BLACKFOOT – Wednesday afternoon, the instructors and high school students involved in LiveWire Robotics taught children at the Blackfoot Public Library about robots, joints, and how automation works. The 4H certified team taught two different classes for children of all ages at 1 P.M. and 3 P.M.
Students watched demonstrations of different things such as the Lego programmable drive units used in simple-built robots and hands made with string and straws to work the joints. Faster than the instructors could answer the questions, children in attendance fired them off at lighting speed. The most common question heard from the kids was a resounding "How do we sign up for the robotics camp?" As though it was the first time the question had been asked each time the response remained the same.
The robotics summer camp will be held at the Snake River Community Library July 9 through 11 from 9 A.M. to 1 P.M. and is an introductory robotics program that is open for children ages eight to 13. Children registered and have their fees paid by the first of July will receive a discount. Furthermore, those who attend the camp will leave with a better understanding of how robotics work as well a snazzy new T-shirt.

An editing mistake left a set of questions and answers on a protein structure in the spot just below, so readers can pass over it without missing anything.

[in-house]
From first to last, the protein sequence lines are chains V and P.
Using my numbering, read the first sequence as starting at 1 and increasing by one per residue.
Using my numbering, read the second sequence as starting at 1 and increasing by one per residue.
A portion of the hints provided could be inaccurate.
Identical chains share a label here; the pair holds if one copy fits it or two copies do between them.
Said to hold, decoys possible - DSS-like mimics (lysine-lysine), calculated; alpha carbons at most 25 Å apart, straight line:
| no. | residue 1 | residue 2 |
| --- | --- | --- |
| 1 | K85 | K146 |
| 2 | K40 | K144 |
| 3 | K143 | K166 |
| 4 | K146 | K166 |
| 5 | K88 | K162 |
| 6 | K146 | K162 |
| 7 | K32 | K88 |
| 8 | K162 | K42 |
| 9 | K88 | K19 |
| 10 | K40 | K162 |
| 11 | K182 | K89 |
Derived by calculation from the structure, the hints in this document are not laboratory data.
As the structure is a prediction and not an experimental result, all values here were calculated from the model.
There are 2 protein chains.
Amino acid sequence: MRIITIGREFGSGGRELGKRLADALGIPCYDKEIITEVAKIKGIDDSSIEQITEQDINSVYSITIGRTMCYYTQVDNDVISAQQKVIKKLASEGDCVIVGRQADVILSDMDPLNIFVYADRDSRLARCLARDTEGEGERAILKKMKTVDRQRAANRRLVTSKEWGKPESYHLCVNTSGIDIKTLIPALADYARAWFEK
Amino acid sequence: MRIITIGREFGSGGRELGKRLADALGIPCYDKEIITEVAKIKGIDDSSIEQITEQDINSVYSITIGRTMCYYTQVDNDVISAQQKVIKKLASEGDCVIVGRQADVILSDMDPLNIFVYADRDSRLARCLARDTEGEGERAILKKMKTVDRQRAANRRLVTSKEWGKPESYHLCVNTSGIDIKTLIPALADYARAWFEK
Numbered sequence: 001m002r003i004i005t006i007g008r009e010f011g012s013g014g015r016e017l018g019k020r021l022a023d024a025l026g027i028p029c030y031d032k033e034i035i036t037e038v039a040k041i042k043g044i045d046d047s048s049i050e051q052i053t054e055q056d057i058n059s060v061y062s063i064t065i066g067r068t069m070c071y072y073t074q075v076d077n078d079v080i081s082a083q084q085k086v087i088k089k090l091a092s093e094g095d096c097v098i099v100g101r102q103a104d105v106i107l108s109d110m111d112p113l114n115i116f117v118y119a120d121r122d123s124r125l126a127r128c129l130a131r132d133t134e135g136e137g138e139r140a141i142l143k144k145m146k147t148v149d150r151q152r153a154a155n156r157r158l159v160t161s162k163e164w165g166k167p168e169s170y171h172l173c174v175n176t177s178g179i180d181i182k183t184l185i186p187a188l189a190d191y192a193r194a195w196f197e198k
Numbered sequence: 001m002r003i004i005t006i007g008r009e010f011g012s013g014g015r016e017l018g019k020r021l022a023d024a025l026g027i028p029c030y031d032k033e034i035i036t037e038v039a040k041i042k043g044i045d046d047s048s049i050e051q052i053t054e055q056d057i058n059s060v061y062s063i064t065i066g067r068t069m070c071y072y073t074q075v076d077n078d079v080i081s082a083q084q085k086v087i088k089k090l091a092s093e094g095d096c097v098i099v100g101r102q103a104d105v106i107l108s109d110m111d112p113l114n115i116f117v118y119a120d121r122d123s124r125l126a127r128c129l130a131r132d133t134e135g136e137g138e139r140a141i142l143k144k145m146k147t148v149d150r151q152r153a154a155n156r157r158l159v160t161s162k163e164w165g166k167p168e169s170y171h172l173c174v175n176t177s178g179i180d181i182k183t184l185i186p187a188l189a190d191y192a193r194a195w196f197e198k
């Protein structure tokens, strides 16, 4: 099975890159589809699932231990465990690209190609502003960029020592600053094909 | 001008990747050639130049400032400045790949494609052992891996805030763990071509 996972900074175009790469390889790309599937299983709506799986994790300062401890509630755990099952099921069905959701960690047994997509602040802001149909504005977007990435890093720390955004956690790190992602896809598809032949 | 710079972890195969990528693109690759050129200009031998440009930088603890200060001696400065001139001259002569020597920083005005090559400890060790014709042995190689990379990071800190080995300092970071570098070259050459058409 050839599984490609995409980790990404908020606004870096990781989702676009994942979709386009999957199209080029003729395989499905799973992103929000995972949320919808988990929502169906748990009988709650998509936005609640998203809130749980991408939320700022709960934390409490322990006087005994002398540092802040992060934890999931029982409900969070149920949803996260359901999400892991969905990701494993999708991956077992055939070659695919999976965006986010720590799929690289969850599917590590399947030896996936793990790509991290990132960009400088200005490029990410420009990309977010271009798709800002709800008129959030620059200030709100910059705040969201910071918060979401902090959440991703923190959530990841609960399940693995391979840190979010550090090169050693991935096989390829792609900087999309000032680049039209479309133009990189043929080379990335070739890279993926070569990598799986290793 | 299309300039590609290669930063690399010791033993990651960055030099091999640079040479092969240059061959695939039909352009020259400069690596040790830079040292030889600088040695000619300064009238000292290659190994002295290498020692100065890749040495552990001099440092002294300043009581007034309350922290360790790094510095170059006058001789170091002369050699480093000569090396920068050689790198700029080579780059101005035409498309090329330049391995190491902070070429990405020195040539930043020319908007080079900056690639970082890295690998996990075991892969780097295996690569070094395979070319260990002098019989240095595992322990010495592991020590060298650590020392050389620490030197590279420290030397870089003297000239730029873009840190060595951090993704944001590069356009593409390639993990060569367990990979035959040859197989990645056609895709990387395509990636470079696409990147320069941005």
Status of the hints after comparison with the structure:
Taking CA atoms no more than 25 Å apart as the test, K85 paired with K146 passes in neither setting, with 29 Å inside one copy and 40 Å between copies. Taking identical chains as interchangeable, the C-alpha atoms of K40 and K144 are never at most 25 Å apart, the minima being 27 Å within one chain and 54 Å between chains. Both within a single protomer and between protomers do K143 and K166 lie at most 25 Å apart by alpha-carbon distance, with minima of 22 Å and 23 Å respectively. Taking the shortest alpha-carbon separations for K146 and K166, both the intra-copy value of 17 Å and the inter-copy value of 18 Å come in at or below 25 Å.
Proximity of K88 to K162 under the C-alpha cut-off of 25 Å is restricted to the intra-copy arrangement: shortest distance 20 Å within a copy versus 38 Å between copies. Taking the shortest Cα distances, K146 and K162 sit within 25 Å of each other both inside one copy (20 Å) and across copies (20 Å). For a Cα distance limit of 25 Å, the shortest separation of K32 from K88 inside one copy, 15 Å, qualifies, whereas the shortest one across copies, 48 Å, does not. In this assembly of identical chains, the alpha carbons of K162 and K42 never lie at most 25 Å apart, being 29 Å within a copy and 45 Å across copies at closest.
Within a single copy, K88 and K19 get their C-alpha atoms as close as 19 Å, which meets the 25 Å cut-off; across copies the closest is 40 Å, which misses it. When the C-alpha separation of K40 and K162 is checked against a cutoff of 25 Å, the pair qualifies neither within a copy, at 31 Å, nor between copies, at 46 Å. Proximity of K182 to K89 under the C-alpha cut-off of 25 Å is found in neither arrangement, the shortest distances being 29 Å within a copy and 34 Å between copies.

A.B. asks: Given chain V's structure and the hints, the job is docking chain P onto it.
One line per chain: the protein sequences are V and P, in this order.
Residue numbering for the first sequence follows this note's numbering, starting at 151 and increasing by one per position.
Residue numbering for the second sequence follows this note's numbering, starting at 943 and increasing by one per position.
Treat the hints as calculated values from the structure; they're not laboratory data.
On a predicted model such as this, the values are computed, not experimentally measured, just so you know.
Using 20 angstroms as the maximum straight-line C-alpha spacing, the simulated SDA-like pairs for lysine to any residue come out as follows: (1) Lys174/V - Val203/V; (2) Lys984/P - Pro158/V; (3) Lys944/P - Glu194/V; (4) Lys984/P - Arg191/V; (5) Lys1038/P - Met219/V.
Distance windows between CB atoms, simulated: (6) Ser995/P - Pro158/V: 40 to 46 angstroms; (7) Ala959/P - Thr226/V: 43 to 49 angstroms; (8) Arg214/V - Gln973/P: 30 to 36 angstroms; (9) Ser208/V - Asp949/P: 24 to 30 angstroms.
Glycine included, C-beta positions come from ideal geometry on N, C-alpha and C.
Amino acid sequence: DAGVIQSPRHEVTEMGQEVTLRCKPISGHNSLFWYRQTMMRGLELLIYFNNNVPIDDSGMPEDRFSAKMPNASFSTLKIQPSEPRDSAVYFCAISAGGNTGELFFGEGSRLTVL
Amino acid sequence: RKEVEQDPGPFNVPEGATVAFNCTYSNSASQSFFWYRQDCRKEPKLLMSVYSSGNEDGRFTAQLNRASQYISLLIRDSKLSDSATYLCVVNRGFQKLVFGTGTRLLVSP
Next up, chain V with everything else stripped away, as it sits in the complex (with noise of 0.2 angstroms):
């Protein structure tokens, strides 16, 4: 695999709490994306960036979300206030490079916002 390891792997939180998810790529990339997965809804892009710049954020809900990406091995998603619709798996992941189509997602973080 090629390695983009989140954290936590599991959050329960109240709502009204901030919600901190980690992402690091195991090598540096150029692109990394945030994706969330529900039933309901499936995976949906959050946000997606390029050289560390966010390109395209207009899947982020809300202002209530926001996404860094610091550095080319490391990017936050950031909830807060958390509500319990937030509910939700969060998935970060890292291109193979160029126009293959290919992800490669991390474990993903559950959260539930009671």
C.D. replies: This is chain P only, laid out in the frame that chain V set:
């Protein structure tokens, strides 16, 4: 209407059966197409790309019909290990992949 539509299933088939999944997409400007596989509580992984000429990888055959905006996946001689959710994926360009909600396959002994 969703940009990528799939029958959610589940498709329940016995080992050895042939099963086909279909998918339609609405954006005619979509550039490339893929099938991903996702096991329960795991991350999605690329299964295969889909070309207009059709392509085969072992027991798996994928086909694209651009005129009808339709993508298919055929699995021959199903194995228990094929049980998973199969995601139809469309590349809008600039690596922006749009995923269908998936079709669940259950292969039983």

The LiveWire program started out as part of the HayWire Program that later split into two different entities, and has been led by the same person, Roy Angle, who has been involved in robotics for over eight years. Angle and Suzanne Peck enjoy traveling to different events to teach the younger generations about robotics and automation. The team now graciously uses a robotics lab at Idaho State University and travels to different events in their armored LiveWire truck where they make it their mission to teach the children about STEM (Science Technology Engineering and Math).